It wasn’t until this past weekend visiting home that I realized and understood what a good friend really is. I was dreading the thought of it – being home without a car, staying at my Grandmothers depressing house, having nowhere to even go! I knew the general routine – I spent time with my family and that was that. Rarely did I go home and spend any time with friends from home. It had gotten to the point that they have gone on with their lives without me. Yeah, we still kept in touch and were the same good pals we always were when we did hang out, but my effort was the only one that was present. Relentless texts and calls, to the point my brother snapped, “Are you kidding me? No, do not text her again. Why do you even try,” with a sassy ‘ugh’ and an eye roll. I realized then that I was just making a fool of myself. So, this weekend in particular, I made it clear in advanced that I would be home for the weekend. I wasn’t expecting them to drop their plans at my beck and call because I just so happened to be in town. Yet as predicted, they never called. But it was this visit home in particular that I truly felt I needed them, their comfort, the distraction. And still, nothing.

I had arranged a ride from the airport from a very close family friend who I have known for years, mainly for being best friends with my older brother, but had grown closer to me in the past year or so. She was there to get me, and how grateful I felt. I was intent on expressing my gratitude and desire to spend the day together after I got in, and we did just that. We had spoken briefly of spending some time the next day together as well, but I knew how that went. People have lives, they’re not always there to spend time with me when I need to. Life doesn’t stop for me, nor did I expect it to. It was destined to not happen. And yet it did. She was my mediator for an awkward brunch, my reliable driver and laughter for long car rides to visit my brother, my puppy cuddling, relationship gossiper for the rainy afternoon and she even chose dinner with me over it with her boyfriend. It was all so nonchalant, so natural, so easy. I went away, back to my second home, content and looking happily on the weekends visit – something I didn’t think I would feel. It was then that I realized good friends do exist, and after twenty-one years, I finally had one.

I’m a hopeless romantic, which means I’m an over-emotional, over-caring love giver in all types of relationships I get myself into, and it has always been hard to remember that not everyone is as caring and loving as I am. I would drop anything and everything for someone I care about, and never felt like anyone ever did the same in return, but that’s just who I am. Through much stress and frustration, it is not till this very day that for the first time I’m really starting to understand friendships, on a level I never thought possible, which is why I share this with you…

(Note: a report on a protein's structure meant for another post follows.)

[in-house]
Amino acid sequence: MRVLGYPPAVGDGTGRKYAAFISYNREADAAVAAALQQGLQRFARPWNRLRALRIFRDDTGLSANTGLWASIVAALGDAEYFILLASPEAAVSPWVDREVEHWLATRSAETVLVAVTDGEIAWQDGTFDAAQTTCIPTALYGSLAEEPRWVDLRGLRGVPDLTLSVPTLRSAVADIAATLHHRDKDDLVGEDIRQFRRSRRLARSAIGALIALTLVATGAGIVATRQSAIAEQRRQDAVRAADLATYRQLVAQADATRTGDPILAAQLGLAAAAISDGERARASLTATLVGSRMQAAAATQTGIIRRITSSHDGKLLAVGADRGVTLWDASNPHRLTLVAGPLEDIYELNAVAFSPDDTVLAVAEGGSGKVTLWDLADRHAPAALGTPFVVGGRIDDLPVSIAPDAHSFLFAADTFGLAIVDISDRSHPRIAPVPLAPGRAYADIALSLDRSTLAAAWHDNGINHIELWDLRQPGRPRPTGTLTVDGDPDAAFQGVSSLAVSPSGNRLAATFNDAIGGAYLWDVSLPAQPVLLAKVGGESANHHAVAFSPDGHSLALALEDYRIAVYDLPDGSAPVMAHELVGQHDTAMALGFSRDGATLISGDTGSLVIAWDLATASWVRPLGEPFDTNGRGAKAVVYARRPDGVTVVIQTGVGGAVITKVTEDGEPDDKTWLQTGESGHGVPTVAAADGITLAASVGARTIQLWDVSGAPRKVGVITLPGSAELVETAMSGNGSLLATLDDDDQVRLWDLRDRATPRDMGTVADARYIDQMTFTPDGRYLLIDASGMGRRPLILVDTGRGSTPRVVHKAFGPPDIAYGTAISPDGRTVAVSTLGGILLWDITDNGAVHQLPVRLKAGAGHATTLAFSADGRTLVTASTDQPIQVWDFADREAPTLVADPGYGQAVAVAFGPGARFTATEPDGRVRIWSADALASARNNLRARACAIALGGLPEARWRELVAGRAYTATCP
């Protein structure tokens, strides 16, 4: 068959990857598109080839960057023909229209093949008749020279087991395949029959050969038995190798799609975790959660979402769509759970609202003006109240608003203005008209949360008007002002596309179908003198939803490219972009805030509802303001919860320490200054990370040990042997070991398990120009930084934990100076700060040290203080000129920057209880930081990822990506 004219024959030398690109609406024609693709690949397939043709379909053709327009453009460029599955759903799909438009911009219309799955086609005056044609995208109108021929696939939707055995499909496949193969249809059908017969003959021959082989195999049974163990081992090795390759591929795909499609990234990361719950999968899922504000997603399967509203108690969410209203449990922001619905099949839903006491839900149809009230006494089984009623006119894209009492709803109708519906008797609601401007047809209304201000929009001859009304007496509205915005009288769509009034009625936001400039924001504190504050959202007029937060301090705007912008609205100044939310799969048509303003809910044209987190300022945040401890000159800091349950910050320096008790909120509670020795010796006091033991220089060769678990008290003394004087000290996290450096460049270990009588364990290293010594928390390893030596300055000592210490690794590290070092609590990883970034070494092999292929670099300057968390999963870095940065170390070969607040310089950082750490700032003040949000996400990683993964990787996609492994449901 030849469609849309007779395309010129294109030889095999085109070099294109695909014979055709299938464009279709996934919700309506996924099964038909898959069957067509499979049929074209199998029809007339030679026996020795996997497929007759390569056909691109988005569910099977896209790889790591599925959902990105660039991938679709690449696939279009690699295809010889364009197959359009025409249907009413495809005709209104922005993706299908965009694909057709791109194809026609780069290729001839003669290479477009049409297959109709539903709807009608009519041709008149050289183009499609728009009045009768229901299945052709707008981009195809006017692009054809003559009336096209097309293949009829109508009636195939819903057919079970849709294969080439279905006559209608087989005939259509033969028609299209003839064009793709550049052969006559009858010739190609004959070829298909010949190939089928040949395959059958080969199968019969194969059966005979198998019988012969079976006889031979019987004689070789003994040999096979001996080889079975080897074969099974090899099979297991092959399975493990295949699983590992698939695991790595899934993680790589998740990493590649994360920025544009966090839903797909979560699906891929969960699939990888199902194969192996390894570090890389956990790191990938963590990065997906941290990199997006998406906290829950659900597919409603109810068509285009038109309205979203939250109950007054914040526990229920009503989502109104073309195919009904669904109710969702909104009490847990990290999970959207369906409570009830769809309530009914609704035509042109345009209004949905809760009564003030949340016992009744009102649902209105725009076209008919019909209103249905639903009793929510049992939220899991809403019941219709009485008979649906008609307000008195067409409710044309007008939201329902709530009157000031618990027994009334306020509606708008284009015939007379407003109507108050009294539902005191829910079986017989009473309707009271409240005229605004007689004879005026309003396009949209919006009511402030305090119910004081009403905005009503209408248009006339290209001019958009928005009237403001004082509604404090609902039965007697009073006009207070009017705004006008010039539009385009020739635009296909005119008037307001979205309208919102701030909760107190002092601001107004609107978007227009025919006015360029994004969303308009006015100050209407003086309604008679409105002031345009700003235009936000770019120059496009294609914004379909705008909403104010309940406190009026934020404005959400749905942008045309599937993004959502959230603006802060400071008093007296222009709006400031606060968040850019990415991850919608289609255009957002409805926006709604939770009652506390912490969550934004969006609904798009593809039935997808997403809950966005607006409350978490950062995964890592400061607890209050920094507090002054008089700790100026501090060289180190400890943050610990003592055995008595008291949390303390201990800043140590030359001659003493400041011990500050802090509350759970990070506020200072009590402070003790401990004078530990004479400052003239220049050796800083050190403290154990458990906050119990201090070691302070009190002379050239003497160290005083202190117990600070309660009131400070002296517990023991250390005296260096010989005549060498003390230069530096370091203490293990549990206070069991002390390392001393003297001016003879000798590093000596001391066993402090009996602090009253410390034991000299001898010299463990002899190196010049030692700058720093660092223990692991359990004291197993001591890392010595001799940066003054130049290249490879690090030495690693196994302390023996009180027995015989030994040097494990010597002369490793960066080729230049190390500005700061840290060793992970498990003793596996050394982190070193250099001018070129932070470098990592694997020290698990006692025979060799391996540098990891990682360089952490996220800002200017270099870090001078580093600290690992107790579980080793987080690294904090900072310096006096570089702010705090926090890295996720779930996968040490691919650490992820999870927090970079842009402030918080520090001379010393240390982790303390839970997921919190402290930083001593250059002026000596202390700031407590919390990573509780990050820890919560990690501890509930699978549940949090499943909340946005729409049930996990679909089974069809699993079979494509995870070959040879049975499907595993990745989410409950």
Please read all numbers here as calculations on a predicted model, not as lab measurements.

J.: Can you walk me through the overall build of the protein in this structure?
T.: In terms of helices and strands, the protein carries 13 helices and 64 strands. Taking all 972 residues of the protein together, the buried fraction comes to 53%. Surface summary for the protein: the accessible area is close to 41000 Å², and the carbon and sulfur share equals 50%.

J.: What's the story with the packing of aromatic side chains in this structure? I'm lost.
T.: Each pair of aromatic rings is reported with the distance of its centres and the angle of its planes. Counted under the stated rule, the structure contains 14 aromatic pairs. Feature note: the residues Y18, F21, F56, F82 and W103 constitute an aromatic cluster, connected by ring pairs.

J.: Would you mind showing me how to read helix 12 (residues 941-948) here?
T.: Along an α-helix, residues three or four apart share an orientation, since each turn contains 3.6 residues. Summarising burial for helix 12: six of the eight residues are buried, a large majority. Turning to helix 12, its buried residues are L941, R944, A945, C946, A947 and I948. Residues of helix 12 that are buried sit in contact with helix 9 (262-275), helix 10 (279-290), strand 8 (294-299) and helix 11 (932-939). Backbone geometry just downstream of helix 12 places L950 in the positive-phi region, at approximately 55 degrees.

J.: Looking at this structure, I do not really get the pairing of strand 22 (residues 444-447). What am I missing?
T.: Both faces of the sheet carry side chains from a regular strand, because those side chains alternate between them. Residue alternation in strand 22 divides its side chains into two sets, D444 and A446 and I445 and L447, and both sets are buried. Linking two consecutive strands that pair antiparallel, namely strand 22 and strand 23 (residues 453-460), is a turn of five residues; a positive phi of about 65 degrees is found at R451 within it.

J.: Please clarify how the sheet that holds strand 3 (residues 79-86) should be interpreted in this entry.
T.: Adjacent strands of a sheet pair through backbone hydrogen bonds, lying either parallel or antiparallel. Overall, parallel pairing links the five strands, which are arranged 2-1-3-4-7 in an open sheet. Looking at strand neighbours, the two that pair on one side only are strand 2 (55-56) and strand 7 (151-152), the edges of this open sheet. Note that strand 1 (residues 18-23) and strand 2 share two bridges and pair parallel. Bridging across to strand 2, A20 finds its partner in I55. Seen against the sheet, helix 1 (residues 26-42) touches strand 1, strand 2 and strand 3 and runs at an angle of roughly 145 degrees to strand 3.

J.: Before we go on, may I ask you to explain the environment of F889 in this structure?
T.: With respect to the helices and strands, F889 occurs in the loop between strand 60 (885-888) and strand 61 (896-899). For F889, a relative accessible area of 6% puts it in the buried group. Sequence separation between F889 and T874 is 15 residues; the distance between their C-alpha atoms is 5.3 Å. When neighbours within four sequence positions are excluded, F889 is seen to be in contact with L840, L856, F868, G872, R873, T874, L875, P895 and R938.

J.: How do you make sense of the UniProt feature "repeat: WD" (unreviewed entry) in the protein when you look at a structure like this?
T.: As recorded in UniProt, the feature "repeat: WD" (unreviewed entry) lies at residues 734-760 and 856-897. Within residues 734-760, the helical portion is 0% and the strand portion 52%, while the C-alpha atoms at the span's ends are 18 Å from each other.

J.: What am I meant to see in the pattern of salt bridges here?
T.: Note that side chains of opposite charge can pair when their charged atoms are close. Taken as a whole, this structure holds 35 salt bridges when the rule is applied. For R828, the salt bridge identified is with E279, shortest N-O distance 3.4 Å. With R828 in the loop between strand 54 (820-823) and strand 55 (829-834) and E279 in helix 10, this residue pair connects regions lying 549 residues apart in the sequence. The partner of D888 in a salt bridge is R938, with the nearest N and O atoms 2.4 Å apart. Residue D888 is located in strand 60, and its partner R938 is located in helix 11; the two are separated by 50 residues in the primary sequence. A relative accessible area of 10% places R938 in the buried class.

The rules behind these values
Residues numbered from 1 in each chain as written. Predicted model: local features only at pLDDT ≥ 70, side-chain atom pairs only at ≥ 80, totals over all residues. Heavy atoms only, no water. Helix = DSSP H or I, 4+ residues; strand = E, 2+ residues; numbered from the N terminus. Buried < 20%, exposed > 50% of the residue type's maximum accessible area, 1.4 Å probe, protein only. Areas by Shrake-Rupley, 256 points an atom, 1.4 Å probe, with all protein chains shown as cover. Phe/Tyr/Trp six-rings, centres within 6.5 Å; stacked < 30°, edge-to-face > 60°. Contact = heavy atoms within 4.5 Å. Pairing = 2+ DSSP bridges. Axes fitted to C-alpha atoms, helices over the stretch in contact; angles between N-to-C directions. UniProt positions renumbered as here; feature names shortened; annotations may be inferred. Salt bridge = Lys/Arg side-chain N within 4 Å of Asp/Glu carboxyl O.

IT’S OKAY TO HAVE HALF-ASS FRIENDS. Lots of people half-ass their entire lives. Yeah, no, this is no excuse and doesn’t mean it’s okay to have bad friends, but it takes a lot of understanding to realize that even some of the half-ass ones are good friends.

A good friend is a different definition for everyone, but we all know the basic rules and that it takes caring and loving. It takes being there for that person when it really counts; maybe not for all of the weekend visits or random phone calls but when when they miss your birthday two times in a row, thats a deal breaker. When you need a shoulder and they’re never there, deal breaker. When you’re the one waiting all day to spend time with them and cancel all other plans and they go hang with other friends instead, deal breaker (yup, I’ve had to learn the hard way). These are pretty understandable things, but its tough realizing that not all people are going to be as caring as some, and they really just can’t. For many, it’s not in their genes. Not everyone is equal amounts of caring or giving or appreciative or reliable. And it’s not true, that ‘if they’re a real friend, if you really connect and bond and are soul mates, they will be the most caring and loving no matter what’ (this goes for relationships too). Its not like the movies for every person. It’s not all thoughtfulness and love and caring. they may not go to extremes for you like what you would do for them. It’s not taking it personally and understanding that that’s just who they are. It doesn’t mean that they’re not good friends, they may love you unconditionally, be there for you when it counts, and love you just as much as you love them, but don’t have the same level of understanding and ideals in terms of commitment and care that you do. But what makes people best friends are the ones who connects with you because you share the same level of understanding and desire in terms of being a good friend; they would do the same for you that you would do for them.